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Nairobi memories

10 Jan

I was recently to Nairobi for the second time in 2019 to implement sensitisation activities for a large scale scientific study of lung health among 5-18 year olds in two different parts of the city. After delivering workshops and refining our strategy, we tested our new methods for informing the public about our study at a large scale event outside a school in Mukuru. The event was called Santa in the Ghetto and for this American who has been dampened by English winters, it could not have felt less christmassy. It was hot with eye watering bright sunshine which charged us all up with much need vitamin D. I was the visual arts lead but leading was hardly required as the team is a seasoned group of professional artists who regularly teach art within the community. We created a large mural in three parts. (see below). The other activities included games, song and dance, theatre (including a puppet I created with Matt Smith) and a football game. On top of this we were capably entertained throughout by several MC’s and music. It was a fantastic experience and made all the better because the children engaged in activities with such infectious enthusiasm and joy. It is also so refreshing to see kids embracing the visual arts without some of the caution, self consciousness and timidity that I have often found teaching in America and the UK.

Between a very busy schedule of workshops, meetings and inevitably fraught travel, I tried to get some drawing in. These drawings come from searing images that I saw mostly during traveling to and from Bidi primary where the workshops took place. There is so much human traffic in Nairobi and such a buzz of activity everywhere. Traveling on the train to work the other day I observed how closed in and boring streets are in England. Few people are out and about but equally, all commerce (for obvious reasons) happens indoors. In Nairobi, it is all largely in sprawling outdoor market places which to these eyes, inevitably seems fantastically vibrant. People and even animals seem in perpetual movement, moving to and from places I could never know as a passenger in a car, disappearing quickly into new unknown vistas and witnessing people whose fate will briefly hold my attention.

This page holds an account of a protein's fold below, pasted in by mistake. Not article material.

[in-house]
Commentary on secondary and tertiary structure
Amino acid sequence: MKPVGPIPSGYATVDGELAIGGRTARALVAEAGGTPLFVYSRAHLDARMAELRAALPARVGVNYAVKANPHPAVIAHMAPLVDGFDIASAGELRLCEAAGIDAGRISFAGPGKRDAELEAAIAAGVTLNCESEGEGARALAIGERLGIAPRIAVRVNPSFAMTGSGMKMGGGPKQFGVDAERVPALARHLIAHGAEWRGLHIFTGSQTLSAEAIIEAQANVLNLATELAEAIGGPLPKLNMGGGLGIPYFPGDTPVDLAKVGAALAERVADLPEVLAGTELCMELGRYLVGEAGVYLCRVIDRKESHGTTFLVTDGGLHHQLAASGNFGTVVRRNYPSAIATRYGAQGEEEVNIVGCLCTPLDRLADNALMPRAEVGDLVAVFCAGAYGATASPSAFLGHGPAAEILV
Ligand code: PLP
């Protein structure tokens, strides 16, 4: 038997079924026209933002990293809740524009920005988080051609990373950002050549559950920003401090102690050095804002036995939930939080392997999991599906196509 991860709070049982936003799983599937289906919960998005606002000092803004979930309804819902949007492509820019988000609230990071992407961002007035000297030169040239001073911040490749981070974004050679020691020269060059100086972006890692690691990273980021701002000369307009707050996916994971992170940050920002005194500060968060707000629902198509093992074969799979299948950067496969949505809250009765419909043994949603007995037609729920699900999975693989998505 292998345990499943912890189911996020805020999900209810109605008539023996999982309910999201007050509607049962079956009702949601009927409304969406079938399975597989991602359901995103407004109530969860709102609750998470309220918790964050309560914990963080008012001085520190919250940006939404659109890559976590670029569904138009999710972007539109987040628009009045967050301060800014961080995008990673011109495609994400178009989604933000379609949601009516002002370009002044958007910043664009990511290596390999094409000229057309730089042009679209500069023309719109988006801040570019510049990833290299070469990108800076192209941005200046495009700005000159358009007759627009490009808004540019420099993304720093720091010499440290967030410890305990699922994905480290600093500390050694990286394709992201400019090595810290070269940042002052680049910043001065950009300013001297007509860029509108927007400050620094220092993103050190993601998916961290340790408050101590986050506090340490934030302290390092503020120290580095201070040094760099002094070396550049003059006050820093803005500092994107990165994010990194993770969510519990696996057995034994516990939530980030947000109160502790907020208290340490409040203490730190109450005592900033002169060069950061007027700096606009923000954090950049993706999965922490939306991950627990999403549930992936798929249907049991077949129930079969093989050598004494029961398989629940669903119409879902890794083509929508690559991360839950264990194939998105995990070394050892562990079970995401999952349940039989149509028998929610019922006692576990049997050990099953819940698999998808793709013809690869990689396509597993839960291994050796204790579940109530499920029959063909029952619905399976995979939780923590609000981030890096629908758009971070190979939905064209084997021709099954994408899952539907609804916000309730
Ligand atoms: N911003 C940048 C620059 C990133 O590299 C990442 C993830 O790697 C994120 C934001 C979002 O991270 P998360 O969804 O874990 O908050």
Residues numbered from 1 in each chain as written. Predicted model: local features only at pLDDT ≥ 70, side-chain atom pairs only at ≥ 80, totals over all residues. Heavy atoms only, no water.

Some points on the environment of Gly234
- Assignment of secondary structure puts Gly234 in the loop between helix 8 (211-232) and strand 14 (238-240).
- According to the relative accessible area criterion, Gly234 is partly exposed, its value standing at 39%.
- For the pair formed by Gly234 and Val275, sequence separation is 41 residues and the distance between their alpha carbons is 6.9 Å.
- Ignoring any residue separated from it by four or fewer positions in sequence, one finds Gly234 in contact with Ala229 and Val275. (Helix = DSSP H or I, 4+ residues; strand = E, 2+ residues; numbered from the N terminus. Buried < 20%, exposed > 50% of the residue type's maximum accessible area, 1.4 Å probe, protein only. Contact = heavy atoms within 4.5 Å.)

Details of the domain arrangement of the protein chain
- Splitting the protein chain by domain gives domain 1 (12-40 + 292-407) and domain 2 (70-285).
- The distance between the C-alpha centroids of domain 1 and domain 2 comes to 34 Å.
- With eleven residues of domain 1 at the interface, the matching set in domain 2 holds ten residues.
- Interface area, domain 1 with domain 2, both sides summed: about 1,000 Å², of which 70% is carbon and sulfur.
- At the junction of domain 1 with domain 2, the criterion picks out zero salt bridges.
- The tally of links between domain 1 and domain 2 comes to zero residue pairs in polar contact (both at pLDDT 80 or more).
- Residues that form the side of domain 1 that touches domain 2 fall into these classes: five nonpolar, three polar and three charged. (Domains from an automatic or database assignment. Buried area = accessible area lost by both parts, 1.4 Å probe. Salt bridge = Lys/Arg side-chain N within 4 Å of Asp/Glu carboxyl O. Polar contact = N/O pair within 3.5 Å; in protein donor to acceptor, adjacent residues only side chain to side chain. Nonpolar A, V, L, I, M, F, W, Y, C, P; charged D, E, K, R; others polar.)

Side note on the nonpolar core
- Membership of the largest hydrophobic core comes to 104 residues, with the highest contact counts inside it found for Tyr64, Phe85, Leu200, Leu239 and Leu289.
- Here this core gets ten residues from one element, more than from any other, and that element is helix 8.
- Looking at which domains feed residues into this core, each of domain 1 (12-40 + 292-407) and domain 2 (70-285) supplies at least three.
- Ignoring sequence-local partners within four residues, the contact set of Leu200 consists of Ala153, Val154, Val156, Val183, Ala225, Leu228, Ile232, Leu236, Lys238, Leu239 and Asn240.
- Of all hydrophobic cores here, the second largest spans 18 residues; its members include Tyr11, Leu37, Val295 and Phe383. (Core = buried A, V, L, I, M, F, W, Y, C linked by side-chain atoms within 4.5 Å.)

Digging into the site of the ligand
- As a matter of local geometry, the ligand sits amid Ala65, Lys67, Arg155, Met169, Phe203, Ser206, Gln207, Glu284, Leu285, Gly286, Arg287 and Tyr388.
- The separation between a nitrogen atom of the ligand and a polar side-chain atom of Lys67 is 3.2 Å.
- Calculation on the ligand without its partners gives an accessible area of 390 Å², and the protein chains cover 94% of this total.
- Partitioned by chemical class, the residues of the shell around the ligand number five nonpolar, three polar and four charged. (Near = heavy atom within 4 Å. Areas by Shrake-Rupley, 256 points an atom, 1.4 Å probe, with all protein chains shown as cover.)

Drawing is a way of fixing these observations and even subjects. Arresting a moment but not freezing it. My visual memory has become a reliable storehouse of visual imagery which can flood back. It is the act of drawing which is the trigger. Drawing, in fact, seems to be like a transcript of memory. Like the scratchy marks of a polygraph machine, it records things we couldn’t possibly communicate or even know in conventional language. For this reason, drawing, more than photography, becomes a psychic portrait of place. It is individual and idiosyncratic because of its facture but it is also a tangible record of something seen. Unlike the photograph which is a verifiable depiction of place, a drawing is the depiction of filtered experience and as such it invites participation in that vision. It is a human document and it has the capacity to connect to wider realms of experience. The success or failure of a drawing is not in its depictive accuracy but rather in its ability to summon up the intimacy of vision that inspired the drawing. This can be achieved in many ways, often through the open, unfinished marks of the drawing. IMG_3230IMG_3703IMG_5158IMG_4706I hope that these images capture something of my own experience in Nairobi but also point to a more universal understanding of this complex planet’s inhabitants. So much is etched on to our faces. Enjoy!

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2 Responses to “Nairobi memories”

  1. Ian Holland January 10, 2020 at 1:53 pm #

    Great work as always, really interesting about what you said about English and American children approaching art in a self-conscious way, I found this when trying to do some art with my Niece who was really scared of making a mistake.

    It’s good to see you have had the opportunity to visit such an interesting Country.

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